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severe, thus suggesting the juror knew the possible penalties—information thatcould only have come from a source other than the evidence presented at trial.
ECF Nos. 467-12, 467-13, 467-14 & 467-15.On September 29, 2006, the defendants moved for a new trial. ECF No.467. One ground was juror misconduct: that some of the jurors deliberatedprematurely and without all the jurors participating, as purportedly shown by theemails, and improperly considered extrinsic information, as shown by the emailsand other sources, including media accounts of post-verdict interviews with jurors.The defendants asked for leave to contact the jurors to investigate; they could notdo so without leave because a local rule prohibits the parties and attorneys fromcontacting the jurors after a trial and the court had entered an order in this caseexplicitly confirming the ban.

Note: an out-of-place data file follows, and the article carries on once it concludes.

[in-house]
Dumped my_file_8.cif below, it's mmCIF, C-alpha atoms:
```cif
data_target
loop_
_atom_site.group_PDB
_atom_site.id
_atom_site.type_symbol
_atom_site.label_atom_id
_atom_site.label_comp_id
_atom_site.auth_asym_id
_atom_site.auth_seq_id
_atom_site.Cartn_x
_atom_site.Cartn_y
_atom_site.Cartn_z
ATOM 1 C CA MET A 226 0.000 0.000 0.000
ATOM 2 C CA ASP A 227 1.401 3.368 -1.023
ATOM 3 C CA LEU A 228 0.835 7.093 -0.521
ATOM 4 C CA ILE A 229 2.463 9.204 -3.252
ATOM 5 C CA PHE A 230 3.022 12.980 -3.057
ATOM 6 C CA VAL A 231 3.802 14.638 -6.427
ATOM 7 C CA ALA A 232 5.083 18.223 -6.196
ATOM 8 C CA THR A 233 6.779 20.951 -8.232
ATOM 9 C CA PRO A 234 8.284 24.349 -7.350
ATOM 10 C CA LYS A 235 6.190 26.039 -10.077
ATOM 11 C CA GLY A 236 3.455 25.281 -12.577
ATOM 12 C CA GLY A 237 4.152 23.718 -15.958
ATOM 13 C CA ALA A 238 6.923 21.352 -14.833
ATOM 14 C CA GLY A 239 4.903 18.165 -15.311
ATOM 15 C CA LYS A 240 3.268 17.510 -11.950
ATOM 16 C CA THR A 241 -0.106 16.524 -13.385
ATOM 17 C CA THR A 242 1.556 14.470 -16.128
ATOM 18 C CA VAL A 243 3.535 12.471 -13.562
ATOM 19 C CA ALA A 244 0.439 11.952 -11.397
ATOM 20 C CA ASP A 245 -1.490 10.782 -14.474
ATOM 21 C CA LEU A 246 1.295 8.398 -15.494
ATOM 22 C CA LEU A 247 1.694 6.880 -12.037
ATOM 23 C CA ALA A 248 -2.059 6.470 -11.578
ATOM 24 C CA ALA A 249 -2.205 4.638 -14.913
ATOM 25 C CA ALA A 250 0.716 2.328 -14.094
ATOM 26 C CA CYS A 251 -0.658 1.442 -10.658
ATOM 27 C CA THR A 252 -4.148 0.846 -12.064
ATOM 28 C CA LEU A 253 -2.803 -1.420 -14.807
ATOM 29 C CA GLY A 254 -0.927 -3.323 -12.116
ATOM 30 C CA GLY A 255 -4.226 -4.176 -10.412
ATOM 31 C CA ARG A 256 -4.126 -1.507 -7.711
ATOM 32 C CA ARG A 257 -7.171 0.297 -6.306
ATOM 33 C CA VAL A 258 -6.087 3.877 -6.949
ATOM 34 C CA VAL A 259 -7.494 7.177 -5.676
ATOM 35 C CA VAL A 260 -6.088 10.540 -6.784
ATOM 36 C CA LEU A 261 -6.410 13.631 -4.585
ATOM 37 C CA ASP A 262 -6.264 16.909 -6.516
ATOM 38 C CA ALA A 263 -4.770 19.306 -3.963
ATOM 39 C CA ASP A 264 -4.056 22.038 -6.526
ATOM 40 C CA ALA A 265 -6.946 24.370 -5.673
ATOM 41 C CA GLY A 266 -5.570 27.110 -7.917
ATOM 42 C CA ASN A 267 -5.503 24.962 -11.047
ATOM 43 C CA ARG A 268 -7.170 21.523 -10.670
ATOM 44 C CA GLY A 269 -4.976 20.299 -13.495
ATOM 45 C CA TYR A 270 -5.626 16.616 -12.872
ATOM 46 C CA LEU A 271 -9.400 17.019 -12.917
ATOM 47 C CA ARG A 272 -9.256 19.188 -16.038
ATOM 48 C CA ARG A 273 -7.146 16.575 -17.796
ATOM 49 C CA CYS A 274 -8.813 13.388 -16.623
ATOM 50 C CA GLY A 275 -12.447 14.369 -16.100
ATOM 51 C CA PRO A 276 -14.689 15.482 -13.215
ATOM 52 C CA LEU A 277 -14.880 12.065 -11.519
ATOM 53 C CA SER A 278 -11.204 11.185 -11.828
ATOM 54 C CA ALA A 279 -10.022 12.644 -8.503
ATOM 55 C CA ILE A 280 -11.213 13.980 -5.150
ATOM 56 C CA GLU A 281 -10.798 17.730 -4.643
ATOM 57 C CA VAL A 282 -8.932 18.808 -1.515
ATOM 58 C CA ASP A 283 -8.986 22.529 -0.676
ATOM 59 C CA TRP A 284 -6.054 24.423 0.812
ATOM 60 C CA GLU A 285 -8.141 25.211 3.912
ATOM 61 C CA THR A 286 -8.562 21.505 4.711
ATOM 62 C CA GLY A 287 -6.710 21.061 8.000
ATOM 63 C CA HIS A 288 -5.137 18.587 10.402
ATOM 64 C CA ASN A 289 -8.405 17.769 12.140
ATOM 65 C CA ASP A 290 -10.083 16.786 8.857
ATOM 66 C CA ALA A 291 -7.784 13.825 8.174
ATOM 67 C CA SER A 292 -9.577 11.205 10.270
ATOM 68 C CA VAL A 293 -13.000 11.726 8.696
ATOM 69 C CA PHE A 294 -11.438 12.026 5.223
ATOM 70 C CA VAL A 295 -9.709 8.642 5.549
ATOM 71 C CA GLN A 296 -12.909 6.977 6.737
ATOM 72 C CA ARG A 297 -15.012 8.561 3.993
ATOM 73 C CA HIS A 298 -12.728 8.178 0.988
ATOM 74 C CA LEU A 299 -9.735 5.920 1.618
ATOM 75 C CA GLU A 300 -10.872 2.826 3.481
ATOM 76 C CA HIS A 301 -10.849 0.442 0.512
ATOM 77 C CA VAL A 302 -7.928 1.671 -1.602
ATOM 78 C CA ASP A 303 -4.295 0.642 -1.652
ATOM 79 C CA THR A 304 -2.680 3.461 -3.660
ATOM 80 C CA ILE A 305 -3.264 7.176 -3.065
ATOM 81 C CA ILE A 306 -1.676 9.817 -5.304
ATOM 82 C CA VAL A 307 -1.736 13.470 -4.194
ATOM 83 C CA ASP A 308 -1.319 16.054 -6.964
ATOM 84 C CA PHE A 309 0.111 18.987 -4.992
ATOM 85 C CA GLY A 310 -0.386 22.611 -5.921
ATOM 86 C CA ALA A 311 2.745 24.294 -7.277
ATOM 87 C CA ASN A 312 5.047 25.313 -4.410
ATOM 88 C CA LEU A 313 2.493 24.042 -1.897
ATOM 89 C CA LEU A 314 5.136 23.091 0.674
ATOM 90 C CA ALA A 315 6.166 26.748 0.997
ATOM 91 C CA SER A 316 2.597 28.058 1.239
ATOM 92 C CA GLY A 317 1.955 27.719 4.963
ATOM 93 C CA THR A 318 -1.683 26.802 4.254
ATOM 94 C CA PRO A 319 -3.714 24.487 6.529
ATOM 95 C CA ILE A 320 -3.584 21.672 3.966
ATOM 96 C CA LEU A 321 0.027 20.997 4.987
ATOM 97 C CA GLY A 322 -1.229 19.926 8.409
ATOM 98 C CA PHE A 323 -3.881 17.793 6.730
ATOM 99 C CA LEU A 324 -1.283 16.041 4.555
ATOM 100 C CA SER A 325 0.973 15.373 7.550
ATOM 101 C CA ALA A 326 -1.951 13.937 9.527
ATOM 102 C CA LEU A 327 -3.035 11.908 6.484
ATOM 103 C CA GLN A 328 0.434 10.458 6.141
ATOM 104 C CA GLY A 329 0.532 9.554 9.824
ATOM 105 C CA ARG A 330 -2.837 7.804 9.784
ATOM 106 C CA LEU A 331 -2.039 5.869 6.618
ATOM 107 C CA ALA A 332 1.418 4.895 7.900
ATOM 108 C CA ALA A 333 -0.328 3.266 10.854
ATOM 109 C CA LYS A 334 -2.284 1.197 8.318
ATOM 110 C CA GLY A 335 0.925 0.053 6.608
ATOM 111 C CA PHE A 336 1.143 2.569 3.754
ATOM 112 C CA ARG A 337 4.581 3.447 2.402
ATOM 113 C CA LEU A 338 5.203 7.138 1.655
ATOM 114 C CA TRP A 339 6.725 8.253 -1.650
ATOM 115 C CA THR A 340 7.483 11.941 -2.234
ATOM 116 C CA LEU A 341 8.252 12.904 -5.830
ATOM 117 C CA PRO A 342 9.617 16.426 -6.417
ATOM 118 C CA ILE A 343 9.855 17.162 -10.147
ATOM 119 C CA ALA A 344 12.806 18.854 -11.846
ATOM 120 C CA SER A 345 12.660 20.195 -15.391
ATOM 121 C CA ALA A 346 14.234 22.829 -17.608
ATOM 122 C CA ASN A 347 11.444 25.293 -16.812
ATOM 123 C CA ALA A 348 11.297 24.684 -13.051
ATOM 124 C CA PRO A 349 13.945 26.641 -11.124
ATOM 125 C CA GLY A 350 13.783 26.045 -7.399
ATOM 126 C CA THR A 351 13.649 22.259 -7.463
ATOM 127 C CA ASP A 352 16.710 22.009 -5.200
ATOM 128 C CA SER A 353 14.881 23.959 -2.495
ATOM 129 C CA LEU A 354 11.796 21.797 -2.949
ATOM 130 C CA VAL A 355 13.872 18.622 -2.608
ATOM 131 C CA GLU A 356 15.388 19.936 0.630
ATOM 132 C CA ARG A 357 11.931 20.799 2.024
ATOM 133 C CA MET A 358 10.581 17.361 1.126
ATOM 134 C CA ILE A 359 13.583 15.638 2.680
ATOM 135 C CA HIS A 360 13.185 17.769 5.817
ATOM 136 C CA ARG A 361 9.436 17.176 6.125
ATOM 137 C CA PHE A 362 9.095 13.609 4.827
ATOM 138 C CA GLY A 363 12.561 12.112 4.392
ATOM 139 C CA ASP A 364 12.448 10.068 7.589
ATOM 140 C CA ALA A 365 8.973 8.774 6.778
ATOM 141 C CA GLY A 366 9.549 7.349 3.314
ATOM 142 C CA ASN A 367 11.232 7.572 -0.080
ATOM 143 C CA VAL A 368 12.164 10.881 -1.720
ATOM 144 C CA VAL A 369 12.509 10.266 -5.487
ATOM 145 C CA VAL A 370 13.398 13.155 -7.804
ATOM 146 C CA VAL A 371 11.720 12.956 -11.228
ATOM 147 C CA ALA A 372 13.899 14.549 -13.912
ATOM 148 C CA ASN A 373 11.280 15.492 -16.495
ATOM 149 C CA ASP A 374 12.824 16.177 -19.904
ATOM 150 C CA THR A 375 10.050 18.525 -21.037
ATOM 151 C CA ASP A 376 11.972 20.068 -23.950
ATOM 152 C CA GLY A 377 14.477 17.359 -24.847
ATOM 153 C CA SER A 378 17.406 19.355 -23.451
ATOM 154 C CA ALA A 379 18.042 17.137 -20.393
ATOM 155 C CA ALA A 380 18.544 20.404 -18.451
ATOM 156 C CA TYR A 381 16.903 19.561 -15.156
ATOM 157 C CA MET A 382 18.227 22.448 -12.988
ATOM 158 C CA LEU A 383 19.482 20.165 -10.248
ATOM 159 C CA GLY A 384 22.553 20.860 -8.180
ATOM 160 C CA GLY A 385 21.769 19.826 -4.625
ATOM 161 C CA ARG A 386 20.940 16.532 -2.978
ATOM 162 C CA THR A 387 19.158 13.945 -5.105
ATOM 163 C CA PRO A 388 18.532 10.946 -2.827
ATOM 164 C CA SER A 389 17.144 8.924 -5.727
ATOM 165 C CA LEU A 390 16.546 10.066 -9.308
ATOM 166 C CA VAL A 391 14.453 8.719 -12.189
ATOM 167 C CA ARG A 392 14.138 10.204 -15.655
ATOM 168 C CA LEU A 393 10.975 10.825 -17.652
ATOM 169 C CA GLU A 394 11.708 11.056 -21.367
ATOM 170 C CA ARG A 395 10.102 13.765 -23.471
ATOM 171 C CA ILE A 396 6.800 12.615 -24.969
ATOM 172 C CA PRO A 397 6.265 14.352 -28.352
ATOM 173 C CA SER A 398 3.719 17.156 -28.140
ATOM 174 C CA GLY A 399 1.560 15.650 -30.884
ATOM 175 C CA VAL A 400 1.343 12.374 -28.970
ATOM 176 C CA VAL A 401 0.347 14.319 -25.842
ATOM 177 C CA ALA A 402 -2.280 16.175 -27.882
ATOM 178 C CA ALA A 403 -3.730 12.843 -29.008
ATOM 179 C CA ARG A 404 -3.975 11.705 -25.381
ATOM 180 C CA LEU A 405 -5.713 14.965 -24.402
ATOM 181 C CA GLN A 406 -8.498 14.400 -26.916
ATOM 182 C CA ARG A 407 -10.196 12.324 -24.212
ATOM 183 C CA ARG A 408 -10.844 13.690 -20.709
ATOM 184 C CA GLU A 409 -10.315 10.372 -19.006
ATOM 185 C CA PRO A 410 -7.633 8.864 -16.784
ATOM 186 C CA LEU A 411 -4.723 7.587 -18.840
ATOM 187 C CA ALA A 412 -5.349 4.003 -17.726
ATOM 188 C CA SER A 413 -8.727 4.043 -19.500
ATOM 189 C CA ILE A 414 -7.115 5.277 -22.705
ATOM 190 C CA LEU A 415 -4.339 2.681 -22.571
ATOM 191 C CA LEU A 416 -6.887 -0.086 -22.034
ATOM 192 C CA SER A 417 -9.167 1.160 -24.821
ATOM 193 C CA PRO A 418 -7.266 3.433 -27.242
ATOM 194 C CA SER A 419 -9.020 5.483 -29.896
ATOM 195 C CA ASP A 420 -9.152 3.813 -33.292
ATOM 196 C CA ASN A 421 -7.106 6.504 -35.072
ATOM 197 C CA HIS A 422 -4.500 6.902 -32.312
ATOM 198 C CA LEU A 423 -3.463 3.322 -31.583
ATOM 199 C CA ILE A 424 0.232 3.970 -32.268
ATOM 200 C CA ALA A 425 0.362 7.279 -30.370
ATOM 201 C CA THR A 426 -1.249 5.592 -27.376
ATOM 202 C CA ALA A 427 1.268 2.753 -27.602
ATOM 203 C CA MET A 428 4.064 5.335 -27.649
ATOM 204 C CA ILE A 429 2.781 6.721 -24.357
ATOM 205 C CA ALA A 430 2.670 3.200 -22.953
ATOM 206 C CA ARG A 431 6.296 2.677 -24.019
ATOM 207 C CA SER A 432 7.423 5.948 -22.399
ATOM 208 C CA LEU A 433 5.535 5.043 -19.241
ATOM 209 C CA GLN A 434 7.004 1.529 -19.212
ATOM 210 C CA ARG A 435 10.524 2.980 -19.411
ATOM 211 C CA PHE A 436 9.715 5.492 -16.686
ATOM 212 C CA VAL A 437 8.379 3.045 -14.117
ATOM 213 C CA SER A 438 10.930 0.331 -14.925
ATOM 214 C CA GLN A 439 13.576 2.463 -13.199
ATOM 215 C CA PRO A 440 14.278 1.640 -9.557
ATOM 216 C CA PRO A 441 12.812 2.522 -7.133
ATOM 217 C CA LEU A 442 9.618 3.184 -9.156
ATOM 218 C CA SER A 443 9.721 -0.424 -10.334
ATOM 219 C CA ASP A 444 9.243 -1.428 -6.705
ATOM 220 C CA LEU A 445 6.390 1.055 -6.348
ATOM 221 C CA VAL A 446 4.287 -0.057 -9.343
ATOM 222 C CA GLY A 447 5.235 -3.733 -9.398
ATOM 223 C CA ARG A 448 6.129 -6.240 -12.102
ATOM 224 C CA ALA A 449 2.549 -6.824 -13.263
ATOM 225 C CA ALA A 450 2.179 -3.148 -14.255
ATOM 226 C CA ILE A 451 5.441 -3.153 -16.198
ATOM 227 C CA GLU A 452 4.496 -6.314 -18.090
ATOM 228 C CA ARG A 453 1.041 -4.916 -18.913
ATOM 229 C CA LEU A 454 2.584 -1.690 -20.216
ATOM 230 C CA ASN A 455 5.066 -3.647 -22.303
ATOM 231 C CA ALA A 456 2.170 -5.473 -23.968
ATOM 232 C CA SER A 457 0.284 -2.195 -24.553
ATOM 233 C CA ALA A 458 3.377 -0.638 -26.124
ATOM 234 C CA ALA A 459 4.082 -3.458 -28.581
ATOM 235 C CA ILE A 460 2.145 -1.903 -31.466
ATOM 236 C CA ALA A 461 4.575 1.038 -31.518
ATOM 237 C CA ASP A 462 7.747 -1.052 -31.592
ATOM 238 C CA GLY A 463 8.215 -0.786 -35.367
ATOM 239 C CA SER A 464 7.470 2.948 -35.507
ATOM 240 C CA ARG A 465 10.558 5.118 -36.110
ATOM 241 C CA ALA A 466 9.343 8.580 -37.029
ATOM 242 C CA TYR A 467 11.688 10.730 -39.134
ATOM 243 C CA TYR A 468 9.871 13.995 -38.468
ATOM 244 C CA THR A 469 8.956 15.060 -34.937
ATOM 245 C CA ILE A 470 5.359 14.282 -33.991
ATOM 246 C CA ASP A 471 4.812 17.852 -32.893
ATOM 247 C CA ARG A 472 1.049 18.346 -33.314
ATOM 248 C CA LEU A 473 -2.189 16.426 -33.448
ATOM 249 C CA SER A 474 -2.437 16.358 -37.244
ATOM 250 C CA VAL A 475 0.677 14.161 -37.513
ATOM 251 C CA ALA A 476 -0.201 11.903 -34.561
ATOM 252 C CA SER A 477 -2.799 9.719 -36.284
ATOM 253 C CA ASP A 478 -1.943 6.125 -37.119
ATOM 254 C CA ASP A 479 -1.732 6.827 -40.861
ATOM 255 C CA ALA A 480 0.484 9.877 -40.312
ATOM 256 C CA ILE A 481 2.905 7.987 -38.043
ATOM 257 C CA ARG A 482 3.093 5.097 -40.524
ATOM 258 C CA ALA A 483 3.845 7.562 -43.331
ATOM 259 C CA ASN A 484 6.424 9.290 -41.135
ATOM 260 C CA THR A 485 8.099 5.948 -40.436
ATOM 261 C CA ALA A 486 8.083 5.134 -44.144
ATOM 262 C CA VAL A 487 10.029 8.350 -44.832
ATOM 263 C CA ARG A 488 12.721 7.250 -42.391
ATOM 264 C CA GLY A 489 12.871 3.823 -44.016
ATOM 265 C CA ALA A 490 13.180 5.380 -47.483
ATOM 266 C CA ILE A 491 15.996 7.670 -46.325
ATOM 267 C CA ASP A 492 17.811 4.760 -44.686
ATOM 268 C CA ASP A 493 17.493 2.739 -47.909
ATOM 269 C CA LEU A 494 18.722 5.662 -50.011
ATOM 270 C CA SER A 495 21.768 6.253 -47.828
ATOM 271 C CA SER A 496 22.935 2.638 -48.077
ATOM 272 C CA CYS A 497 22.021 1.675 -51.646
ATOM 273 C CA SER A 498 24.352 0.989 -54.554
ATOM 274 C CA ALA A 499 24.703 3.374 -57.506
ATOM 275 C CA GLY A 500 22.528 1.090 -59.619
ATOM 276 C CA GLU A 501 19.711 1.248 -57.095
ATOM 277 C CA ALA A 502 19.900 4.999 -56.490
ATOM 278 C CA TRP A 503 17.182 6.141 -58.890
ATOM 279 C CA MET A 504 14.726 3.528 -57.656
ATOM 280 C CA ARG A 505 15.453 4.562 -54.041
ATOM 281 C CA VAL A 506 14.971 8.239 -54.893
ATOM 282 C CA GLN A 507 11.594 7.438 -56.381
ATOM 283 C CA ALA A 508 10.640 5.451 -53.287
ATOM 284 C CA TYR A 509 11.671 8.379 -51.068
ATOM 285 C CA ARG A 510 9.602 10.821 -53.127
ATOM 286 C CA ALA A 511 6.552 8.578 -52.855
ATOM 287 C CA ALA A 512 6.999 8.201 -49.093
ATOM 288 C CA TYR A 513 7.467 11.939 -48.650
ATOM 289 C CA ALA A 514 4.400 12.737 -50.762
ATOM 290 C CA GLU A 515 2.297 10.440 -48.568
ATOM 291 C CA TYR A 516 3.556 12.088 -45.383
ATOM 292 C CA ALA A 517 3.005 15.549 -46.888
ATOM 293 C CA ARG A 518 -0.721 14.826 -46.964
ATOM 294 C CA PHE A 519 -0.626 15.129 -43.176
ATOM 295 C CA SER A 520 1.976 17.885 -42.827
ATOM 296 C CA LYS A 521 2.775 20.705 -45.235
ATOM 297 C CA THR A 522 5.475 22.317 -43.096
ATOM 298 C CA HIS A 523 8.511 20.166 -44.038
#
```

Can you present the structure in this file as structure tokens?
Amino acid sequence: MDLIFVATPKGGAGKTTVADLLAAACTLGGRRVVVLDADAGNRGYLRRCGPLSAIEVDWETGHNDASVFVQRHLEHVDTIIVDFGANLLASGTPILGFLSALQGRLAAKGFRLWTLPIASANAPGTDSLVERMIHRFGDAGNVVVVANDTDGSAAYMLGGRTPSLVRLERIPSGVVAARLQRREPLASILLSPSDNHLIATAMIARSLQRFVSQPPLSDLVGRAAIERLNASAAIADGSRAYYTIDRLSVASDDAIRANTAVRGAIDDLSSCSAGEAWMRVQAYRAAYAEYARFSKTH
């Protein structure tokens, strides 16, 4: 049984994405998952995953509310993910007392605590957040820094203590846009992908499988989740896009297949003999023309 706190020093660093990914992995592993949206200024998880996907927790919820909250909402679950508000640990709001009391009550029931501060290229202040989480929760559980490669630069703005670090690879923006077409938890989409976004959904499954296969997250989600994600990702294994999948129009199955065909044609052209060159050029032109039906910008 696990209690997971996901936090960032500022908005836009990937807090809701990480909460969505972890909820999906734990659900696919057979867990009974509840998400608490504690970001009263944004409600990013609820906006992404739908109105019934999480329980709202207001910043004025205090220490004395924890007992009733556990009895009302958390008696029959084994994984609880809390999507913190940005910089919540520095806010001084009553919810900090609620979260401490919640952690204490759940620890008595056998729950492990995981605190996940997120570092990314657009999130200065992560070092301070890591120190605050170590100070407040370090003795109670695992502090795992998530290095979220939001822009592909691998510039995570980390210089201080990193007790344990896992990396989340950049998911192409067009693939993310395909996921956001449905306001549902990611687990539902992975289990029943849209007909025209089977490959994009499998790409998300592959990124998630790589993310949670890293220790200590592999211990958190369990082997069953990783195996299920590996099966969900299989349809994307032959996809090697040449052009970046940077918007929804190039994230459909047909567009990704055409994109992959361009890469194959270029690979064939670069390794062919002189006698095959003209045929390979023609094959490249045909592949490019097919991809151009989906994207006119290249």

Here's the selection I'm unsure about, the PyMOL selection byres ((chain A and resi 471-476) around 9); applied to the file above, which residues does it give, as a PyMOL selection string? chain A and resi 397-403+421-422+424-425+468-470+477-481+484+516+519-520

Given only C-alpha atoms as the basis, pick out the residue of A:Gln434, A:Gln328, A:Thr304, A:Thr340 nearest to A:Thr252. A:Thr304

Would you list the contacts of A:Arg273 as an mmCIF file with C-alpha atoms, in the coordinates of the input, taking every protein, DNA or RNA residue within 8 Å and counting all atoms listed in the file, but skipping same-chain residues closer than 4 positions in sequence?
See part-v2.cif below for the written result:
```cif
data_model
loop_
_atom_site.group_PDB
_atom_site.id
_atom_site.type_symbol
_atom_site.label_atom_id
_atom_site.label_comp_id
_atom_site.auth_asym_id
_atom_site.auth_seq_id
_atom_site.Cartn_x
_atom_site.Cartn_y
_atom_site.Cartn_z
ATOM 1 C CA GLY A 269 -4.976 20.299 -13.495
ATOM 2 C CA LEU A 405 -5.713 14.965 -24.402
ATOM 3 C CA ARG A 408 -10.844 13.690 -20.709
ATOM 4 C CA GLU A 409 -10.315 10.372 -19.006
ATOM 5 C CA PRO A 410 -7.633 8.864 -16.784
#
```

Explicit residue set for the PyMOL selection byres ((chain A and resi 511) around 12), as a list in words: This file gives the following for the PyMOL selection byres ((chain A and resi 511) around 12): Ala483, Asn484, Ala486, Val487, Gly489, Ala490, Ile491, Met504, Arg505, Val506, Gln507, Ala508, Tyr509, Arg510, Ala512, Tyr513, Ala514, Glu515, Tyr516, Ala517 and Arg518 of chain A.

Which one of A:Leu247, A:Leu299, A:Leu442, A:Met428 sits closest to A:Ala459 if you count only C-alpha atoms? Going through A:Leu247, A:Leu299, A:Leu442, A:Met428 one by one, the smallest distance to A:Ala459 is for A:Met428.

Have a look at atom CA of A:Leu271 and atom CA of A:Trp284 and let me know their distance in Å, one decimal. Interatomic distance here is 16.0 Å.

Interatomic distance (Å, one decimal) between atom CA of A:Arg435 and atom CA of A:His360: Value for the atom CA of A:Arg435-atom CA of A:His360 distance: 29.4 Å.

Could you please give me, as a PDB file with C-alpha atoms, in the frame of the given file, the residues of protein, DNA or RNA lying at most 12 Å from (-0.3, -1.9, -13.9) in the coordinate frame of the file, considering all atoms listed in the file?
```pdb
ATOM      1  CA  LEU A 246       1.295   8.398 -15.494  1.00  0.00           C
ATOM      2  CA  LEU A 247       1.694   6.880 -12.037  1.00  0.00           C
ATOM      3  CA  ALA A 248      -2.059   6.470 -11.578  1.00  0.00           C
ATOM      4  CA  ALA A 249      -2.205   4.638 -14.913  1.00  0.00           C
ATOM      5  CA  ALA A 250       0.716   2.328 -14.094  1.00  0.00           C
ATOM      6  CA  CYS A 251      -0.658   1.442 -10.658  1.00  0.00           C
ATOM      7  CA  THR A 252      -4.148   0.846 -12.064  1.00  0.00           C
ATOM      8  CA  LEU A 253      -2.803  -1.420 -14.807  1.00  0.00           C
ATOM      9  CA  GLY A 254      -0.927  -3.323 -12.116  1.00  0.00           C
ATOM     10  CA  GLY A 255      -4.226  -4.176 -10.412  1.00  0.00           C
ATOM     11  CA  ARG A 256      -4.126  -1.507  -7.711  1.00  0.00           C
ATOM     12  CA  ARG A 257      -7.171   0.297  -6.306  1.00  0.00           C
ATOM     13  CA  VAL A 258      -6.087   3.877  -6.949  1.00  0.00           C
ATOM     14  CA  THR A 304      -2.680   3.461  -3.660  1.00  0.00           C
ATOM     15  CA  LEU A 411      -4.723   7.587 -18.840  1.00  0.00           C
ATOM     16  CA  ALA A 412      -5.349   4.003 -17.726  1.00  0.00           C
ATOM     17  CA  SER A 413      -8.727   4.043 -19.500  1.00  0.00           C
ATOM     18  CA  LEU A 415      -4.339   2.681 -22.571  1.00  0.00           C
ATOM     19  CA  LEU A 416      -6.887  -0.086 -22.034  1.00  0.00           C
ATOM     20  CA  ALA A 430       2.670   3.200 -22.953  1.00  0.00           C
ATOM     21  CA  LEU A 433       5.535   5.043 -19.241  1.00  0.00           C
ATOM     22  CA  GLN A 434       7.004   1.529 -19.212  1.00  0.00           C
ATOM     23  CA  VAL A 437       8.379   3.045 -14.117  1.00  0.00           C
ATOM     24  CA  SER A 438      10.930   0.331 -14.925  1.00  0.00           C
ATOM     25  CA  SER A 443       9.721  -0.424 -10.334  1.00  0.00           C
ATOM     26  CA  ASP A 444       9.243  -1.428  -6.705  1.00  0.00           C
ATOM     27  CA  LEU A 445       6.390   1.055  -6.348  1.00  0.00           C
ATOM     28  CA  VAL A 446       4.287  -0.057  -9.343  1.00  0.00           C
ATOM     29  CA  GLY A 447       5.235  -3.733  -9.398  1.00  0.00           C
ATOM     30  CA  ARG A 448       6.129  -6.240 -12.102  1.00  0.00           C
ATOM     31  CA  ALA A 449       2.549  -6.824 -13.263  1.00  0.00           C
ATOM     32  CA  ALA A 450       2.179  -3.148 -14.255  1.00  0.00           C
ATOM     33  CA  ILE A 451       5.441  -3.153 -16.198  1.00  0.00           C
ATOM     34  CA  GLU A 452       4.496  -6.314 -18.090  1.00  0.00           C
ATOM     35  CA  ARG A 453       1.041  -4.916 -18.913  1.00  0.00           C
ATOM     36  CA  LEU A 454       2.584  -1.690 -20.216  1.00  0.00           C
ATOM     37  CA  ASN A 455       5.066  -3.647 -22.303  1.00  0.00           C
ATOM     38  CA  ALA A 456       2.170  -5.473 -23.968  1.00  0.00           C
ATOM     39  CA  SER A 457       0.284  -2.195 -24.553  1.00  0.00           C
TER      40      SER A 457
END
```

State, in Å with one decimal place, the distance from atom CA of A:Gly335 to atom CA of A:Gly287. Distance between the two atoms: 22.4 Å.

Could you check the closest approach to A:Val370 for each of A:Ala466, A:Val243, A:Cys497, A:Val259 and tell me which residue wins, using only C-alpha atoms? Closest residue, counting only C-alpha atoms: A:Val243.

N.D. Ala. Loc. R. 47.1; ECF No. 255 at 3. Thedefendants also asked for entry of an order initiating a broader investigation:requiring all 12 jurors to list their email and text-message providers; allowing thedefendants to subpoena the providers; and requiring two of the jurors to preservetheir computers without deleting any information. ECF No. 467 at 13-15. Mr.Siegelman separately moved for entry of an order requiring the two jurors topreserve all their emails and text messages. ECF No. 469. The defendants laterasked for an order requiring the two jurors to turn over their computers so that aforensic examination could be conducted. ECF Nos. 496, 506.
Case No: 2:05cr119
Case 2:05-cr-00119-MEF -CSC Document 1024 Filed 06/29/11 Page 3 of 40